If you managed to snag an invite, the One is just $299 for the 16GB version, and just $50 more for the 64GB model. That’s an amazing entry price for such a beastly phone. There are cheaper devices on the market, sure, and it certainly doesn’t have the latest specs out there. But, taken as a whole, the One is a monumental accomplishment, and a force to be reckoned with. If this is the kind of quality we can expect from OnePlus going forward, I can’t wait to see what the follow up offers.
Let us know which phone you’d pick as your smartphone of the year. There are so many great choices out there, so chances are your pick differs from ours. Jon also has a video counting down his top ten favorite devices from this year, so check that out, and don’t forget to check out the picks from other staffers down below.
iPhone 6 Plus
My pick for the smartphone of the year? It’s a tough call, there are a lot of phones that have launched that I really, really enjoy using. The Note 4 and the Nexus 6 stand out to me, but the latter is still so hard to find that my attempts to buy one have been fruitless. Ultimately, my choice boils down to the iPhone 6 Plus, but it might not be for the reasons you expect.
The iPhone 6 Plus has been my go-to recently because I love its integration with OS X Yosemite. I can answer my calls, respond to text messages and more, all from my MacBook Air. Hangouts does the trick, too, but I just love the seamless experience between iOS 8 and OS X Yosemite. The camera is also phenomenal, one of the best I’ve used, and Apple Pay has been a really exciting roll-out, because I think it’s going to help all other mobile payment options become more widely accepted, too. Finally, if you listen to our podcast, you know that I’m a huge fan of phablets, so I really dig the big display.
The iPhone 6 Plus isn’t perfect, though. I’ve definitely had my fair share of crashes due to what I fear are the reported issues with NAND flash. Additionally, iCloud needs to come a far way before I ever really trust it with my photo uploads, so I still rely on OneDrive and Google+, which feel much more stable and work much, much better than iCloud for me.
I move between phones often, and I’m looking forward to what 2015 has in store. The iPhone 6 Plus is my favorite handset of the year, but as CES, Mobile World Congress and other big shows and announcements begin to approach, I’m sure a new favorite is just over the horizon.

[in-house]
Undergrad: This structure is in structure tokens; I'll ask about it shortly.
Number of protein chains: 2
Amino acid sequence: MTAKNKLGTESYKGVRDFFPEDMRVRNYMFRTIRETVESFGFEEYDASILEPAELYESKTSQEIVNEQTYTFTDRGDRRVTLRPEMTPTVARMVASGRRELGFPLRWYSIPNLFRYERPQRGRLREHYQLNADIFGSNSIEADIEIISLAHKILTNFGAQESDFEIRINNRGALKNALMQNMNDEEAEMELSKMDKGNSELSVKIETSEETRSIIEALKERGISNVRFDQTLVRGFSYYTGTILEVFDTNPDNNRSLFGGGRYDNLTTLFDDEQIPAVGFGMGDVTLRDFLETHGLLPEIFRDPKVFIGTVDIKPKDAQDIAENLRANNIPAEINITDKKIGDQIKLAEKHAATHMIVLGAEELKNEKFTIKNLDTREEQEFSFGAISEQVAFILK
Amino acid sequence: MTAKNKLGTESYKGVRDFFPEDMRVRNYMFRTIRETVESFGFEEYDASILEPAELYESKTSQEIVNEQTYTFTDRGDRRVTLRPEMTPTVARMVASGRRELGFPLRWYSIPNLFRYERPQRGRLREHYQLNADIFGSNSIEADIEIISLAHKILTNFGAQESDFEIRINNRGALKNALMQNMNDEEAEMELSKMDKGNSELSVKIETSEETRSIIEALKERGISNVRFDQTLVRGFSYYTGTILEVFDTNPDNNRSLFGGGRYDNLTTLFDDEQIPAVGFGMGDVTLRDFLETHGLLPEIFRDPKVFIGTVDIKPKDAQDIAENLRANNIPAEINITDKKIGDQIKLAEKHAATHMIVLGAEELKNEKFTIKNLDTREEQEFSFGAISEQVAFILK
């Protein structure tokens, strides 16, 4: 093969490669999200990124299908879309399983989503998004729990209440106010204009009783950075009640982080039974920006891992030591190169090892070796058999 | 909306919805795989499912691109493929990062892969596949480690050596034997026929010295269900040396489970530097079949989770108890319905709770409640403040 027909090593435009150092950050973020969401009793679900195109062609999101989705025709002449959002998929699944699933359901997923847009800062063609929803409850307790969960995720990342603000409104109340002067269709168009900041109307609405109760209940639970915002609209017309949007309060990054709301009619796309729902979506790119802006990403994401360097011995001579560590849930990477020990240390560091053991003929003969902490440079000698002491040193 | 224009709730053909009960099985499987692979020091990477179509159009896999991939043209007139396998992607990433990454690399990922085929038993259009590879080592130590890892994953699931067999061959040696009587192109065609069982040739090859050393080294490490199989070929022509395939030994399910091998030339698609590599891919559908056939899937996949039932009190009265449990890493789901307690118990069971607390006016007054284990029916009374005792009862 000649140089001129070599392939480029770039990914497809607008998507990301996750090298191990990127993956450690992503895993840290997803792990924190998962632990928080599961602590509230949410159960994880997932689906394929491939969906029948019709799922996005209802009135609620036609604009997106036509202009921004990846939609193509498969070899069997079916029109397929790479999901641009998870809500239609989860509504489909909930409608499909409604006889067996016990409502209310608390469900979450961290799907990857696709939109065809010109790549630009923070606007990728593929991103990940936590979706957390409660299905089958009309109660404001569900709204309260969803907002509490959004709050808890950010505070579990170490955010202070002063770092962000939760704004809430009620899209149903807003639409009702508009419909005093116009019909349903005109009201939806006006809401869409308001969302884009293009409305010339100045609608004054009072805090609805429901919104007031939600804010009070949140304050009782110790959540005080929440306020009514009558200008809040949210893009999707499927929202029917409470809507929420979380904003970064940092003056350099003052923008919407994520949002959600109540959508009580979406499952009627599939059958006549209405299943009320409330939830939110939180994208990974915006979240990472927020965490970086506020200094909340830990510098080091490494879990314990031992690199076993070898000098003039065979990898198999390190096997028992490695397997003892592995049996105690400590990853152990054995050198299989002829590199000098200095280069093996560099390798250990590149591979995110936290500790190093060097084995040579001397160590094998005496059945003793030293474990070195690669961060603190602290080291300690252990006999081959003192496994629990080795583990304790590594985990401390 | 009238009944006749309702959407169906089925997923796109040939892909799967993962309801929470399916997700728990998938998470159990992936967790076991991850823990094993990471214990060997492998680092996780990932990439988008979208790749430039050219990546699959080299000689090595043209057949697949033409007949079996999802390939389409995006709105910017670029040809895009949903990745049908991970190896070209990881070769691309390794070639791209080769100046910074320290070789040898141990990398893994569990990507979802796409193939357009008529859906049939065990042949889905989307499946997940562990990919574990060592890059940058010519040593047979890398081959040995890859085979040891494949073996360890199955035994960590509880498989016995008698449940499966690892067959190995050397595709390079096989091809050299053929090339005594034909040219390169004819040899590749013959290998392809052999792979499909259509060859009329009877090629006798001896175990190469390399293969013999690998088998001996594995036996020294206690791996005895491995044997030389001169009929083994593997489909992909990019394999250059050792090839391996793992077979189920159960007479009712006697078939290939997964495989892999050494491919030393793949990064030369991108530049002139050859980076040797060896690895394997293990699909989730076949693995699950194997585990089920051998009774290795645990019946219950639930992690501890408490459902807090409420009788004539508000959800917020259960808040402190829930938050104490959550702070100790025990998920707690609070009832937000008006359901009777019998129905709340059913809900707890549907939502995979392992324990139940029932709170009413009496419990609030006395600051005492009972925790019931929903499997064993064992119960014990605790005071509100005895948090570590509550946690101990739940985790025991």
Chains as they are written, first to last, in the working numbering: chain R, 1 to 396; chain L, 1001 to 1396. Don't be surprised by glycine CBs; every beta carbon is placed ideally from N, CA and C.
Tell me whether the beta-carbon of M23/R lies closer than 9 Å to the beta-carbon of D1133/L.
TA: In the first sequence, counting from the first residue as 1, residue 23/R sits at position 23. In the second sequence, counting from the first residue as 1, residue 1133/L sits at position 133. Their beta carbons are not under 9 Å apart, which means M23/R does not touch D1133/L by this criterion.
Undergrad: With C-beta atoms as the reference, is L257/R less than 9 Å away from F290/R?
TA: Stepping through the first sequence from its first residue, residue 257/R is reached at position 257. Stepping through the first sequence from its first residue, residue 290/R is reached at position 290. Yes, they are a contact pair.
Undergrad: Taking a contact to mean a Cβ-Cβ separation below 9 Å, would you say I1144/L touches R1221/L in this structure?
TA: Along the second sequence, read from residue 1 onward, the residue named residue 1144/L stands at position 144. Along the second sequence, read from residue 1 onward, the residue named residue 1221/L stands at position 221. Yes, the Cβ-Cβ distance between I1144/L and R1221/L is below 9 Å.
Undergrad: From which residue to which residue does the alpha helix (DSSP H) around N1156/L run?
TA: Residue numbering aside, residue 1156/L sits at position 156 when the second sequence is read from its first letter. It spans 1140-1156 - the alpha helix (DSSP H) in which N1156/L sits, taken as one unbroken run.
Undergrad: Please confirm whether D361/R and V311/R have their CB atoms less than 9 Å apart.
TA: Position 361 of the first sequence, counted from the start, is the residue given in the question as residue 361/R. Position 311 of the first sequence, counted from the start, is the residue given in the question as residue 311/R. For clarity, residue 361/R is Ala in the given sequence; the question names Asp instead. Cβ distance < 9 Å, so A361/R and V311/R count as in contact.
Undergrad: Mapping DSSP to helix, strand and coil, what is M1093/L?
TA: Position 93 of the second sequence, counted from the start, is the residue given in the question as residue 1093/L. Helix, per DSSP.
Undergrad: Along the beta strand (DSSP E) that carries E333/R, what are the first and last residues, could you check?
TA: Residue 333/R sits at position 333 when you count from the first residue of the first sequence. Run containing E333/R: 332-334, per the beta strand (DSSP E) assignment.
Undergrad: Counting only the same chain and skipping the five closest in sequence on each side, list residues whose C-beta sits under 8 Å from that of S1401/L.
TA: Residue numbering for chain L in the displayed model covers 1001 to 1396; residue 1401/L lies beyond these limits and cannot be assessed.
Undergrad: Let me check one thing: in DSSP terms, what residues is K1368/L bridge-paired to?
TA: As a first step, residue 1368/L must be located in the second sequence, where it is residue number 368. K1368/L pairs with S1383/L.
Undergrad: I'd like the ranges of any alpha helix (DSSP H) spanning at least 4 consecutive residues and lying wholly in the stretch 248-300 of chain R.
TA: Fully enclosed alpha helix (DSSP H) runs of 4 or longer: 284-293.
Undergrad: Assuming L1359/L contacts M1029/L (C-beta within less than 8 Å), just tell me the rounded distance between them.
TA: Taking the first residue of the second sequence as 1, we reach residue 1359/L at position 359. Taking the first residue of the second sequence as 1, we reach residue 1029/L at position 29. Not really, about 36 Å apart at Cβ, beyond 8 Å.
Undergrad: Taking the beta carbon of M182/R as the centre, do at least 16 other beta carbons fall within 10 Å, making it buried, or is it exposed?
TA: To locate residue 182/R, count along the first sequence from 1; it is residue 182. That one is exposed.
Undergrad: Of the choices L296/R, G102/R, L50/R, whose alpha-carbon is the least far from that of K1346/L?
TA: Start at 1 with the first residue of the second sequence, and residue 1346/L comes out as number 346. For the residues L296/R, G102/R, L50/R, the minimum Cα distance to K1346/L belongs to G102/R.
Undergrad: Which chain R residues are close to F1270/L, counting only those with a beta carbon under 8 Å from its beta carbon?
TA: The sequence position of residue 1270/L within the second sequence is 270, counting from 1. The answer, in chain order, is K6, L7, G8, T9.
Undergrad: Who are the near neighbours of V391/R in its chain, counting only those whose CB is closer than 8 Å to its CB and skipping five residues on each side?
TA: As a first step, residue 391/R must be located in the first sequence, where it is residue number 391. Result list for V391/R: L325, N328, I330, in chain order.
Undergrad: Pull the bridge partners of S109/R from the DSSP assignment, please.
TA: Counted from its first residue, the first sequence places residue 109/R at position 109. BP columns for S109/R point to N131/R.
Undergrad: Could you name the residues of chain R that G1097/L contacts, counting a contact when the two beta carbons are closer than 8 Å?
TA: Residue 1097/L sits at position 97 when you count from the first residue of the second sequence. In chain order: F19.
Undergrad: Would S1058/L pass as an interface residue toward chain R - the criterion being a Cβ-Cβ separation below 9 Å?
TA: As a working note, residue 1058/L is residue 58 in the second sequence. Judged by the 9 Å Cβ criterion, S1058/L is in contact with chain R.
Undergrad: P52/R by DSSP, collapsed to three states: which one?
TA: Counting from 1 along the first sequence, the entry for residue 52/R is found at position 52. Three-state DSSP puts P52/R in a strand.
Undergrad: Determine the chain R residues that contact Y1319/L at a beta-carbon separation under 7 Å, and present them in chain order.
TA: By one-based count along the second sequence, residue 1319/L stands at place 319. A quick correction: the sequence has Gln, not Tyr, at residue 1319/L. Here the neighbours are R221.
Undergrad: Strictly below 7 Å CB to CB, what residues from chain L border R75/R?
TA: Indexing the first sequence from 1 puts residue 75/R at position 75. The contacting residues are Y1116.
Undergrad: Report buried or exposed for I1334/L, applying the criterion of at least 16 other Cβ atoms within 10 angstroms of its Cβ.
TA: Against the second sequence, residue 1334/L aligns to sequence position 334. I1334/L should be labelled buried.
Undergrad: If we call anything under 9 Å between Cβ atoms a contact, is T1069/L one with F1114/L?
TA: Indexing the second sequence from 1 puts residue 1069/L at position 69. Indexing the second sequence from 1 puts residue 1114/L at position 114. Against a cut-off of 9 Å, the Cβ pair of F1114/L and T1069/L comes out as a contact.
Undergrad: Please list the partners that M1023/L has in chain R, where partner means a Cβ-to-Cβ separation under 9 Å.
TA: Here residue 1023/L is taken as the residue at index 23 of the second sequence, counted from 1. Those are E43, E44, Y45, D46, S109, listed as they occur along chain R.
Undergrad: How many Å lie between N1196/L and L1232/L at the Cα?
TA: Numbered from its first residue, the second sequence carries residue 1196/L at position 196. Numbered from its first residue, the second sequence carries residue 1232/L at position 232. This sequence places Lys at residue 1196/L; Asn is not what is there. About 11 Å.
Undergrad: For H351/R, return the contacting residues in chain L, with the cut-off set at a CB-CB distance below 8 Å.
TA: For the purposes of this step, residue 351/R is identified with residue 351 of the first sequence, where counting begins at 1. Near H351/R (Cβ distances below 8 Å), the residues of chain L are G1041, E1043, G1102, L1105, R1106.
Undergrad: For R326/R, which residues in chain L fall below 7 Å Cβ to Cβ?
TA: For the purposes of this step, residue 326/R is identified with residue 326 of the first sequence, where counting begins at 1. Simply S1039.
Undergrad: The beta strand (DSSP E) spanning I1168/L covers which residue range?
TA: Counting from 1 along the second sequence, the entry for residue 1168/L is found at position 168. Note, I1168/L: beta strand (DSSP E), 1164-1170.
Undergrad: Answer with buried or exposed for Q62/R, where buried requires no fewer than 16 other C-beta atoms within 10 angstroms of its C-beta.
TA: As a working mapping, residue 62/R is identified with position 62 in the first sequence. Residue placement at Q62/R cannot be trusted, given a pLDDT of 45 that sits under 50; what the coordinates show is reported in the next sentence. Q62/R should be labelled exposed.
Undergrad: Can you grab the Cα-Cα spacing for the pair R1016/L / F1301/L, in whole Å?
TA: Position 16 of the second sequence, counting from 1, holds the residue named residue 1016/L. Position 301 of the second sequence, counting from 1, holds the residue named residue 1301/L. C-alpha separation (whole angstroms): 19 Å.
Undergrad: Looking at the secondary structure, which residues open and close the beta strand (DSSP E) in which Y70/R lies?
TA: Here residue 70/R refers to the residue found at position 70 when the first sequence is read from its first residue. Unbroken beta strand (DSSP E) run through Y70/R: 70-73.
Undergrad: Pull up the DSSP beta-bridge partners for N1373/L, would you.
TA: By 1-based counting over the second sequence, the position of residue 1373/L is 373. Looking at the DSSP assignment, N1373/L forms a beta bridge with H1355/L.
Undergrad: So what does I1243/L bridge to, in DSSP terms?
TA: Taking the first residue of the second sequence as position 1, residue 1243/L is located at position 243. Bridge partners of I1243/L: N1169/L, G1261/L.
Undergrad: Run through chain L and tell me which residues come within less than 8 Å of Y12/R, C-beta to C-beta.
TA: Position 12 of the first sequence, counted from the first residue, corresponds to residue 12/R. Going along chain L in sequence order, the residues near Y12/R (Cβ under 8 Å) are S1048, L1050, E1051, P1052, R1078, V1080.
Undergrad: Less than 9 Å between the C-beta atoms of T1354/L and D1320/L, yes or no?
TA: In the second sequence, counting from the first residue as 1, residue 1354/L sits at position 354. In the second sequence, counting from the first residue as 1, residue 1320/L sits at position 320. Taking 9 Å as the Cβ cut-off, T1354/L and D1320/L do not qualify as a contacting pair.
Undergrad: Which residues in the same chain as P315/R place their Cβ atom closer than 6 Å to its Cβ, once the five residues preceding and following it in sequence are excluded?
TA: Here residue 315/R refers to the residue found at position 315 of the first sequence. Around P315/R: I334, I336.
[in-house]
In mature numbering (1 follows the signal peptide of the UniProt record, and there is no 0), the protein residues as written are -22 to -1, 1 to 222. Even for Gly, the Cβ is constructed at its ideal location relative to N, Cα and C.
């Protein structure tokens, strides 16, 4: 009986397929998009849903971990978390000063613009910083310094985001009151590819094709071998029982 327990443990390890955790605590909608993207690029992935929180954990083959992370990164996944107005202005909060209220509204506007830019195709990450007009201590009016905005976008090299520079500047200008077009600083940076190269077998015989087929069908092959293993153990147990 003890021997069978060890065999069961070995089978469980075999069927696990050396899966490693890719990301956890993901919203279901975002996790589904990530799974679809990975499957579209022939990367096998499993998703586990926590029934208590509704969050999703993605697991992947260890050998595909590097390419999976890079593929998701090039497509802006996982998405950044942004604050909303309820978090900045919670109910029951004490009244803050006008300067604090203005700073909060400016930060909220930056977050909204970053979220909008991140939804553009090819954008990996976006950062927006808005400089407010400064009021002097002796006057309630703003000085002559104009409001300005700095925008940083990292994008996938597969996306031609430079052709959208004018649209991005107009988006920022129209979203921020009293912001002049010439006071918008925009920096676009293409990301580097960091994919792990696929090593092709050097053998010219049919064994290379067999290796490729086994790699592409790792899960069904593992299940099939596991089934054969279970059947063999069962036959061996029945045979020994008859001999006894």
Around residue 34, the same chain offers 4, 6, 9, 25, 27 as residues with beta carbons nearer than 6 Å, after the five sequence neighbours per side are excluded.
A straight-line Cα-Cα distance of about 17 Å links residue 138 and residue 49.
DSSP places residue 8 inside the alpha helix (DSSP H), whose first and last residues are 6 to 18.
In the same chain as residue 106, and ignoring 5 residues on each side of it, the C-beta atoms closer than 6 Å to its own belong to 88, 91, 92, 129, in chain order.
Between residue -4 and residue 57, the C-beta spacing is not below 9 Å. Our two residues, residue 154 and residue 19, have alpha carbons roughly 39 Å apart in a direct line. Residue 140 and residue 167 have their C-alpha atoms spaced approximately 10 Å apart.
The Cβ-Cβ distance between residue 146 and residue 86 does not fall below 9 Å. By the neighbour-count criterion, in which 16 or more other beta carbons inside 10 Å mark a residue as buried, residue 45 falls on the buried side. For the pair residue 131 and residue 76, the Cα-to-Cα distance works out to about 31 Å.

I got to play with a lot of new gadgets this year, but I only spent my own money on a select few. The OnePlus One ended up making the cut, and I’m thankful it did because this one device changed my entire perspective on what a smartphone can be.
The OnePlus One’s price helped me realize you don’t have to pay a high price for a high-end phone. Its unique Sandstone Black design proved there are more options out there than cold metal or boring plastic. CyanogenMod also showed me the power of Android unleashed beyond anything I’d seen before. All of that and more makes the OnePlus One an awesome device, and my obvious pick for phone of the year.
It was the underdog, the flagship killer, and the phone that no one really knew about when big devices, like the G3 and Galaxy S5, were the top choice. But to this day I still think the OnePlus One is the best smartphone you can buy. It’s a phone that I really enjoyed using, and it’s a phone that can handle pretty much anything I throw at it. Sure, there are a few quirks here and there, but the OnePlus One is ultimately a solid package, and I can’t wait to see what OnePlus comes up with next.
2014 was a crazy year for the smartphone market. We saw 2K displays, new battery technology, insane amounts of RAM, the whole 9 yards. Yet rising above all of these for me was the iPhone 6. Not the iPhone 6 Plus, but the iPhone 6. I personally use the iPhone 6 Plus as my daily driver, and while I do love the bigger battery, OIS is overrated in my opinion for day to day use, and the phone is just too big.
The iPhone 6 however is the perfect size. Yes you do lose a little bit of battery life, but it fits so perfectly in the hand, and iOS with OS X integration is so seamless it makes using any other OS feel like a hassle. This doesn’t mean I won’t use any other OS in the future, because Android Lollipop looks awesome, but at the moment the iPhone 6 is still the best for me.
I really entered the year anticipating the launch of the new Moto X, figuring come December I would select this device as my phone of the year. I really loved the original Moto X, all those lovely notifications and always on display, the rear dimple, it really was a smarter phone. I was hoping to see a nice bump in specs: an improved camera and a larger, brighter display. And it delivered on all those fronts… but I was still left pining for more. There was that bump in price, yes of course we can expect that, because with that price increase we go a fairly impressive jump in specs. But when all those specs and design features and all that stuff came together, I don’t know it just didn’t feel as “charming” as the original Moto X. Maybe it is because we saw the release of the Nexus 6 and the Droid Turbo not soon after the Moto X launch. It kind of felt old and new all within a month’s time. Don’t get me wrong, I would gladly carry around any of those devices and would love them. But…
So, I ended up selecting the OnePlus One. Why? Decent specs, screen size, pricing, camera performed well and a really nice integration of Cyanogen (of course free of bloatware and annoying skins). I’m actually going to back to the One because I can’t stand the bugginess of iOS 8 on my iPhone 6 Plus. At this point I mainly use it because of Apple Messages. So OnePlus One it is, when it comes down to it, its a phone that I found myself using everyday, without issues and it just felt right in my hands (and in my pocket).